The events of 1937 have left enormous psychological scars in China, and the Chinese believe that Japan has not done enough to atone for its militarist past.
China says 300,000 people were killed during the assault on Nanjing. But much to the anger of Beijing, some conservative Japanese politicians and academics have said such figures are exaggerated. Some even deny that a massacre ever took place.
Such declarations also frustrate mainstream historians in Japan and further afield.
William Kirby, head of the Fairbank Center for Chinese Studies at Harvard University, says the exact death toll is not the main issue.
"What you have is a great massacre of a civilian population that goes on for weeks
Nanjing is surrendered but the Japanese proceed to terrorise the inhabitants. These facts are incontrovertible."
Coming to light nearly 60 years after the event, he says that John Rabe's diaries are a powerful new document detailing what happened day-by-day.
Mr Kirby says that Rabe had "no anti-Japanese axe to grind" at the outset.
"He saw the Japanese as a normal army and initially resisted the stories of wrongdoing - he was a neutral outsider."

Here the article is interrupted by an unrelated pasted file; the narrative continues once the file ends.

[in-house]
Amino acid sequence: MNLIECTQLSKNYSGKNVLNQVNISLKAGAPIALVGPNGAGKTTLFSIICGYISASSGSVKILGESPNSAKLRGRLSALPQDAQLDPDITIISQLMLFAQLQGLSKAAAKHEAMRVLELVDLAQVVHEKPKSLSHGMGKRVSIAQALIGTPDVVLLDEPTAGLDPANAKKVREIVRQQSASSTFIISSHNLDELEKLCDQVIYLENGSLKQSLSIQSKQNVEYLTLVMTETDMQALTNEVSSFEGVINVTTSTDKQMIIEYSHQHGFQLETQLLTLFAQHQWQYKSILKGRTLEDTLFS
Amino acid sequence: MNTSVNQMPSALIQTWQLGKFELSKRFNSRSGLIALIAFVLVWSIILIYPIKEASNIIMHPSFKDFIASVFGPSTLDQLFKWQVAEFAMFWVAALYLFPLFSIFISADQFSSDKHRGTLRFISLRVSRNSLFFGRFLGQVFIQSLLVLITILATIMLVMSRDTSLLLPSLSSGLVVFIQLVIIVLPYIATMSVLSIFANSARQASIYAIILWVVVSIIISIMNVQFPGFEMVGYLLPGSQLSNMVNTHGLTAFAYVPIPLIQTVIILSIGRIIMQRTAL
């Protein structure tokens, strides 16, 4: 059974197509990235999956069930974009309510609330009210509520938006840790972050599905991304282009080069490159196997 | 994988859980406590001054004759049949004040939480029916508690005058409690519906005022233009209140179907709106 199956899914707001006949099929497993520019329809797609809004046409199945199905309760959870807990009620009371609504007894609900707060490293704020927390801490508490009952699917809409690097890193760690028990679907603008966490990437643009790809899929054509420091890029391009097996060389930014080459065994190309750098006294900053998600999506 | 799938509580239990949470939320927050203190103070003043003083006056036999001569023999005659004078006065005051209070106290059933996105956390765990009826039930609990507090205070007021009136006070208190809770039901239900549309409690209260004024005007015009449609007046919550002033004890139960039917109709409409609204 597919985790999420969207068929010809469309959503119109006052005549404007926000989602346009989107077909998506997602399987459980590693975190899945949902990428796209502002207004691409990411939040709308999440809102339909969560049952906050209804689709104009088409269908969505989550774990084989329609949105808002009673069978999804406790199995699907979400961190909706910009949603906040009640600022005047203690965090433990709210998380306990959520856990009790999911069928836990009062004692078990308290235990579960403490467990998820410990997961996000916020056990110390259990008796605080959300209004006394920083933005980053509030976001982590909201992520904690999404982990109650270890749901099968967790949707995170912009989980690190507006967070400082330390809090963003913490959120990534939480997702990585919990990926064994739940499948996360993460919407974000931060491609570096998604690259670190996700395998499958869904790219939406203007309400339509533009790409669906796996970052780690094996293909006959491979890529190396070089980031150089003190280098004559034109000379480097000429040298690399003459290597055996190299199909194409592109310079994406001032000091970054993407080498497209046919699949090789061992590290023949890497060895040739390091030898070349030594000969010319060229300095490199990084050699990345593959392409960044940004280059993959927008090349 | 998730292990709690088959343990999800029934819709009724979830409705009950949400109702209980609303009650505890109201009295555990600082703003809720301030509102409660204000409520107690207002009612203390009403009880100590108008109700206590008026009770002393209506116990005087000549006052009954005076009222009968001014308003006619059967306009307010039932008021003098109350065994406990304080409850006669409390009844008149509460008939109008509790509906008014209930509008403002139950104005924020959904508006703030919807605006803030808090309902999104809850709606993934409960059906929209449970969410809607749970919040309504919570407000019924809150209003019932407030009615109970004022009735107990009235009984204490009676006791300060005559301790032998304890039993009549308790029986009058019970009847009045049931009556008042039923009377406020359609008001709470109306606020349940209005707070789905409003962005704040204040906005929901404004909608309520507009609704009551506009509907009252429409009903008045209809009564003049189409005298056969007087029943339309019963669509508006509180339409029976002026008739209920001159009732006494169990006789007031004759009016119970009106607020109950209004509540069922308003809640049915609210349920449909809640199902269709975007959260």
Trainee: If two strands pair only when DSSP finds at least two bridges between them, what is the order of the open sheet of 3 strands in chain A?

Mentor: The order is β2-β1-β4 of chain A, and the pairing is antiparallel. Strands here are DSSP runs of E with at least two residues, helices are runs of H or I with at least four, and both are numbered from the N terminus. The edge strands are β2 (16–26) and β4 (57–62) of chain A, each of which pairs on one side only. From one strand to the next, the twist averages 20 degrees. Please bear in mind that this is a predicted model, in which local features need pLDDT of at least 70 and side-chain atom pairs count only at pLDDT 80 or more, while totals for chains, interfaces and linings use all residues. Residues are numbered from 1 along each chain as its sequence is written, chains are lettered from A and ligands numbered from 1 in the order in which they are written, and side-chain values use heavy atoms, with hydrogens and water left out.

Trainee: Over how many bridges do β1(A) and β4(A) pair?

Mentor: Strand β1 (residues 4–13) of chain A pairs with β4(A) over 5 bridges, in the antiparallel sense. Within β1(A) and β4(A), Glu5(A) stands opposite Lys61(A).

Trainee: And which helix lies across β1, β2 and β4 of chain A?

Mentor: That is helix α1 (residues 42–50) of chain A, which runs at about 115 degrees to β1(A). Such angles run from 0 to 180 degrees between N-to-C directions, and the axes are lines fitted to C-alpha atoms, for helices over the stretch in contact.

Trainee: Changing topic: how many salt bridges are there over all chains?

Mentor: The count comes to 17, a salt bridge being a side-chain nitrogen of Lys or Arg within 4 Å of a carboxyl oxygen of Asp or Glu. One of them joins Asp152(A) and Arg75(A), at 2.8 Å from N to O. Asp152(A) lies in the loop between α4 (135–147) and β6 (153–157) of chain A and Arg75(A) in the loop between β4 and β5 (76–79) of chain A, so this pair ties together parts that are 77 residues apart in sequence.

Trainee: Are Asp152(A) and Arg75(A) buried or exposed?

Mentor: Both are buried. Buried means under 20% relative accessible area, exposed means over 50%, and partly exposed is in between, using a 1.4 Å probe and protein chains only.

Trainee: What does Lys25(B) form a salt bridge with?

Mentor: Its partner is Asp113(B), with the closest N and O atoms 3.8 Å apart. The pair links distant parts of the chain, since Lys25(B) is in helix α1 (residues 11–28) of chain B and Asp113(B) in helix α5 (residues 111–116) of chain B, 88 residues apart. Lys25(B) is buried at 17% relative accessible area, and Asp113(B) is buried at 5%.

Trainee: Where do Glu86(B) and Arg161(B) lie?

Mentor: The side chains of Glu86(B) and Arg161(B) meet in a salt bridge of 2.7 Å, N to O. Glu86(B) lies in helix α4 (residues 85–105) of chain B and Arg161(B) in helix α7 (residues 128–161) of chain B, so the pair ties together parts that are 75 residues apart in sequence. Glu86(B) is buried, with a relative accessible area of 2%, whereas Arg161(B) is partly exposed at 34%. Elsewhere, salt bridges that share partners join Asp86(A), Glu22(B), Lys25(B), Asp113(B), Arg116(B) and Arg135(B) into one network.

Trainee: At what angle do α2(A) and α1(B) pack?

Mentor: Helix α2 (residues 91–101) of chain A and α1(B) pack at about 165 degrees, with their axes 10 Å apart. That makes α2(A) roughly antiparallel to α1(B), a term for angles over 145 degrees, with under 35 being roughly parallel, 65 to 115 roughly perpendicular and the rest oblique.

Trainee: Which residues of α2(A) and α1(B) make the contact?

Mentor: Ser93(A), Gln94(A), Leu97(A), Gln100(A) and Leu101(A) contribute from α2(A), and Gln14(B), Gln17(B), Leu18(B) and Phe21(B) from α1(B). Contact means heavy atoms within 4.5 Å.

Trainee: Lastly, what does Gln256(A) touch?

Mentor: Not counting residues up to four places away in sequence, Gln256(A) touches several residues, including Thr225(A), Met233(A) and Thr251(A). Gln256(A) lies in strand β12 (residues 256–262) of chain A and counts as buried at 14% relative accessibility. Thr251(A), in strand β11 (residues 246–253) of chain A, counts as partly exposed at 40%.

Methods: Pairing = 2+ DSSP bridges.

During the conflict, Rabe wrote: "Last night up to 1,000 women and girls are said to have been raped... If husbands or brothers intervene, they're shot.
"What you hear and see on all sides is the brutality and bestiality of the Japanese soldiery."
The film's director Florian Gallenberger says it was by staying true to the events as described by Rabe that the film achieved neutrality.
"At the beginning of the conflict I think [Rabe] has great trust in the Japanese as German allies to behave in a disciplined and fair way - but when it turns out otherwise he is shocked. He feels it is his responsibility to act."
He says Rabe's courage was fuelled by his sense of morality, rather than any political conviction.
The events of 1937 have left deep psychological scars in China